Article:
However, from the standpoint of a scientist, there is no excuse for the gaps that are decribed in that article. YOU WRITE EVERYTHING DOWN! EVERYTHING. For me, someone who makes thier livelihood at a lab bench, there is no doubt in my mind that, at best, these results are flawed, and, at worst, the gaps in time are from tampering with Landis' samples.
Plain and simple. The lab appears to have totally screwed up and/or falsified results.
It seems to me that in such a huge case, following up on the "B" sample on the leader of the Tour would not it make much more sense to send it to another lab? This could solve all sorts of problems and if the second lab gave the same result it would be much more powerful. In fact perhaps the top leaders should have the "B" samples sent directly to a second lab without delay or additional handling.
One of the lab techs testified she knew the sample was Landis's.
So much for the lab's rule about confidentiality and blind testing.
However, Greg LeMond has testified that Landis has admitted he doped up. Worse, he has accused Landis's uncle of witness tampering, threatening to reveal that LeMond had told Landis about being molested as a child, and that the way to break from that was to admit the truth (i.e., that Landis had doped up. Apparently the uncle intended to coerce LeMond so he would not testify.
The article does not quote LeMond's testimony constituting the admission. In fact, what this article recites is more ambiguous. ("What good would it do?") There may be testimony the article did not include, so the issue remains murky from here.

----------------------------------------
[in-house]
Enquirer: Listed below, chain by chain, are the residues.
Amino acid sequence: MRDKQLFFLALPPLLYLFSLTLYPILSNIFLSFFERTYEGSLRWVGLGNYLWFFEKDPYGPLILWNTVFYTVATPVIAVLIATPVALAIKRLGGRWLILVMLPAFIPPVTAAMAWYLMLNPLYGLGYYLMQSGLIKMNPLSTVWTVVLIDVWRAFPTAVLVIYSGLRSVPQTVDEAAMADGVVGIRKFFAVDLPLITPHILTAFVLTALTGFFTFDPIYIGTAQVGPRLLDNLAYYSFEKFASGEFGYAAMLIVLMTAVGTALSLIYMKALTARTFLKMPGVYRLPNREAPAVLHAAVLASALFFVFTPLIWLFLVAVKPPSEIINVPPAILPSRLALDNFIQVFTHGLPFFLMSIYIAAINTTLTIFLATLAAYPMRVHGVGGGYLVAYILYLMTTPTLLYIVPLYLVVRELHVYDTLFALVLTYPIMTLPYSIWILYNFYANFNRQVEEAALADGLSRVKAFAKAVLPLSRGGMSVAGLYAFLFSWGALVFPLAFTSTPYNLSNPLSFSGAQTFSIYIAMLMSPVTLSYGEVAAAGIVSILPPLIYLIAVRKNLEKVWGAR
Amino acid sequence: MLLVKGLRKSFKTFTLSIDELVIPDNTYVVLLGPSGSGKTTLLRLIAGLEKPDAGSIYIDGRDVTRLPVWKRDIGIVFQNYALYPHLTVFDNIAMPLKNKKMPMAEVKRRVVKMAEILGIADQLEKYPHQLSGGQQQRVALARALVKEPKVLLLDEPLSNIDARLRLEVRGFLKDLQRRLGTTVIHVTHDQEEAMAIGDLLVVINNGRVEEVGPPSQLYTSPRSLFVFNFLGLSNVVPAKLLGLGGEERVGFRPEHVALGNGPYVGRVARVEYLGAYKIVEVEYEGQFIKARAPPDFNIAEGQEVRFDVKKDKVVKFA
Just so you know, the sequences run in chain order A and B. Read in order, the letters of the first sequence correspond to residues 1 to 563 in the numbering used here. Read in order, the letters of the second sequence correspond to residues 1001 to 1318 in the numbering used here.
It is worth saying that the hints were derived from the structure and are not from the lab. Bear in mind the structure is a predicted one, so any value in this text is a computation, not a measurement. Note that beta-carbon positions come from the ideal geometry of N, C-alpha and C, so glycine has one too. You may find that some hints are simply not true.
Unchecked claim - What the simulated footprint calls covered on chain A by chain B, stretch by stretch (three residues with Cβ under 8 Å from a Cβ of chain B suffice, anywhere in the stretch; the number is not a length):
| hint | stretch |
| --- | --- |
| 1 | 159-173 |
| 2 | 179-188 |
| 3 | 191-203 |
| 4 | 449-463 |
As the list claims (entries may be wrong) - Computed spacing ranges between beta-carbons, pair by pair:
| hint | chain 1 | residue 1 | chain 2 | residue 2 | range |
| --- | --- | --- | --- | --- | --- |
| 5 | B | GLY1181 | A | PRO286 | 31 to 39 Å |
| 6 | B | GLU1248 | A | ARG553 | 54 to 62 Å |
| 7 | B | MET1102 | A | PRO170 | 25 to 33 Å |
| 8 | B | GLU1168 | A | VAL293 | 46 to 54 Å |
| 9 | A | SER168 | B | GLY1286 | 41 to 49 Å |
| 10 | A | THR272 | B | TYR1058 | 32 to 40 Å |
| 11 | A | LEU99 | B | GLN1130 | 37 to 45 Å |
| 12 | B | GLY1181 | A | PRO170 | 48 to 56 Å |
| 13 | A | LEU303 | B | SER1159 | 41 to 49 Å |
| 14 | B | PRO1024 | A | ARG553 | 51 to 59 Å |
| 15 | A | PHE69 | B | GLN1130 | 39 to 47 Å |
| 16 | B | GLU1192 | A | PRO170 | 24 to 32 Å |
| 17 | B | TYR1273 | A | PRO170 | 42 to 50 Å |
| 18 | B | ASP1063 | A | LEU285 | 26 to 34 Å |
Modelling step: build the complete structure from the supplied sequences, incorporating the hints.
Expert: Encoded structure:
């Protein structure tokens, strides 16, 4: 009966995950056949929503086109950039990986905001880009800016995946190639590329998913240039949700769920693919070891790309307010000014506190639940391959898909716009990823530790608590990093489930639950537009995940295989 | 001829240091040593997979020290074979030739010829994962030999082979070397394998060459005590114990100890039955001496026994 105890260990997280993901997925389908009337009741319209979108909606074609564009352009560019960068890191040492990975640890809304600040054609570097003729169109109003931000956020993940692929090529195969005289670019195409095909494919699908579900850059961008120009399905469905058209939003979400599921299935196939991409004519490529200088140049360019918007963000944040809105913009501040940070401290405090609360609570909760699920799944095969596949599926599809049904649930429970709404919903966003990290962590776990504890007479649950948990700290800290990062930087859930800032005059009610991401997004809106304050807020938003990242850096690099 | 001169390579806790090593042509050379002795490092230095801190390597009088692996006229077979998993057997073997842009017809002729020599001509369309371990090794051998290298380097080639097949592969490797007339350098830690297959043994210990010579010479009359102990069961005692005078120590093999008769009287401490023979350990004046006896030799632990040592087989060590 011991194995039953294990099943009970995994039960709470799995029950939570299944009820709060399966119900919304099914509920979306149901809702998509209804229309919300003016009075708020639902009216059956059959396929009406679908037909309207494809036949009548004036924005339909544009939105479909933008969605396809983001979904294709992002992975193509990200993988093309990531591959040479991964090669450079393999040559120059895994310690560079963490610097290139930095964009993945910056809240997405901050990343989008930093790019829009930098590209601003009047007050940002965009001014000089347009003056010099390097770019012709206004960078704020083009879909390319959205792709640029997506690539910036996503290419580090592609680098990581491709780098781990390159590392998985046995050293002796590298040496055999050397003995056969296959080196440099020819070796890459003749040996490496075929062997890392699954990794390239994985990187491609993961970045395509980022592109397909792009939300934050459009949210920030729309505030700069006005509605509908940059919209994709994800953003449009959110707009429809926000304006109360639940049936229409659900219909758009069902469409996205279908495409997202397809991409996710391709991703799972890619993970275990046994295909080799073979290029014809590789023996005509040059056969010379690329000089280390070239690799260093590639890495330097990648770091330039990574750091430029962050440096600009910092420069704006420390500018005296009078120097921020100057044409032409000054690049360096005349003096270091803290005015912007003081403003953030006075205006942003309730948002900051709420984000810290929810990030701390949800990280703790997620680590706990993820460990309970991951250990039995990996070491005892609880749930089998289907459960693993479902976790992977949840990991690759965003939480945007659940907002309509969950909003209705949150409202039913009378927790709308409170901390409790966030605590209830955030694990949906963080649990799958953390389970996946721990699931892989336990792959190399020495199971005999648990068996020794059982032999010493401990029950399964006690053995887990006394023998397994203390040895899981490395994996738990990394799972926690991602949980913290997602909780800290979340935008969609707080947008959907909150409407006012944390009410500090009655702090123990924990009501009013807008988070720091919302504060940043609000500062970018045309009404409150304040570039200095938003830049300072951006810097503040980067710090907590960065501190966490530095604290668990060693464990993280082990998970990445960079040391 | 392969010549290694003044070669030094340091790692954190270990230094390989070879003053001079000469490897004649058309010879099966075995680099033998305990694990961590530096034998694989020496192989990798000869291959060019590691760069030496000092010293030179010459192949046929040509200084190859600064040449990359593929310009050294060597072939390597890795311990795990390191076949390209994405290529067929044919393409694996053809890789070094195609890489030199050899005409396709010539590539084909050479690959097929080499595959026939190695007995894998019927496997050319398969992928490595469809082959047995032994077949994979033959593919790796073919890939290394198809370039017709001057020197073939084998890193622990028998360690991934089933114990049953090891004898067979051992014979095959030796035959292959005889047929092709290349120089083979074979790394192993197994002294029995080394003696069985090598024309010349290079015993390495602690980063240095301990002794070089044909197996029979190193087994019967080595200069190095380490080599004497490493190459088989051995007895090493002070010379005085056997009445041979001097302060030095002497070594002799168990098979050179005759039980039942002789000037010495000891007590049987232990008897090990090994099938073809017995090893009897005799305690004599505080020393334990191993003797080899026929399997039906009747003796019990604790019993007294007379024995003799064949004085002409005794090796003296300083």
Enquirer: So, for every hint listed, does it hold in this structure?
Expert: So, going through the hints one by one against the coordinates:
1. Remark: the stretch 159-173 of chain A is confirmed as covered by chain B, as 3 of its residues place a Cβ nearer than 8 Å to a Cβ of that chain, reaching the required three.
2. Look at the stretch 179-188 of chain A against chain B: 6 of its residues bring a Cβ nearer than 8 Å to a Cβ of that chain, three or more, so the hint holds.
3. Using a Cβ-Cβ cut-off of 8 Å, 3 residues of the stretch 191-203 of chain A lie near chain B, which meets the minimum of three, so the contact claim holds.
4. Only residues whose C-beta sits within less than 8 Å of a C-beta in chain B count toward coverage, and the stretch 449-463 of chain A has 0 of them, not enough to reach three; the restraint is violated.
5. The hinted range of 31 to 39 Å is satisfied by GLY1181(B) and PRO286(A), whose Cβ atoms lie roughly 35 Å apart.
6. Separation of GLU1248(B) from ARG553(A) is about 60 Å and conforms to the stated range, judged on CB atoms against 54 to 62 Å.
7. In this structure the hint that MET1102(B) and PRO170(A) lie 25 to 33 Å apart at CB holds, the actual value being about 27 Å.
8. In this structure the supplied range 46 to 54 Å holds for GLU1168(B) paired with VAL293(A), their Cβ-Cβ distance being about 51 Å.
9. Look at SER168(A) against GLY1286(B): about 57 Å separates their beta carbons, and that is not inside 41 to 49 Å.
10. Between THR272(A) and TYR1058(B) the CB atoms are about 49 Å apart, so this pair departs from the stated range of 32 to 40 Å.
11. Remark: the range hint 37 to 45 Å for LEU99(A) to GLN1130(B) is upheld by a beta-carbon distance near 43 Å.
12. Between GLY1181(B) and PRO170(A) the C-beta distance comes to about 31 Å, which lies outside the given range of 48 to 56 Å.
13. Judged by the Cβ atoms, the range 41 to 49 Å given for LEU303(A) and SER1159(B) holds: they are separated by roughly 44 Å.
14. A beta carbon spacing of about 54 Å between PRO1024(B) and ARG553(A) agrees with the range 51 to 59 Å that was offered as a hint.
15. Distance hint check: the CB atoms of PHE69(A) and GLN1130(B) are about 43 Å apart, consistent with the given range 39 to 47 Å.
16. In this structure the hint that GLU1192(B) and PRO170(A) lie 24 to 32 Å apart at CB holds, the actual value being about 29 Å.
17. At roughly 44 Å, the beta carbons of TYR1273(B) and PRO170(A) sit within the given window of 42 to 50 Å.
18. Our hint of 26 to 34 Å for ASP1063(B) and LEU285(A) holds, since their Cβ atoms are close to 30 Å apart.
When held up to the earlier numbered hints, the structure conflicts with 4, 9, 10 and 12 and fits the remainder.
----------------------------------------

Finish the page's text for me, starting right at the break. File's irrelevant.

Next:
Last edited by Jim3k; 05-17-2007 at 06:51 PM. Reason: clarity
Looks like that 'confession' LeMond was talking about isn't much of anything at all. It might even get stricken if LeMond won't submit to cross-examination.
LeMond seems like an odd witness to have been called in the first place. How does he add to the USADA's case if all he can cite is something ambiguous? He doesn't really know anything and he doesn't come across as much beyond a busybody who is sure he knows what happened, but has no real knowledge. Kind of a father-confessor wannabe. But why?
Besides, Landis and LeMond don't really know each other. That being so, why would Landis, if guilty, admit anything to LeMond...'implicitly' or otherwise? It doesn't seem likely to me. If LeMond was asking him to confess, regardless of actual guilt, at least one response would be the one Landis supposedly gave: "What good would it do?" That can easily be taken as not any sort of confession, but an 'Isn't that just pointless?' kind of answer. Neither a confession nor a denial, just an observation that LeMond's idea had no merit.
And, the 'threat' against LeMond looks like a severely misguided manager (not uncle) who got himself fired over it. Part of a dishonest culture? Excessive loyalty? Or just stupid? Well, maybe all three...
Last edited by Jim3k; 05-18-2007 at 03:58 AM.
Personally, I believe Lemond would not survive cross-examination.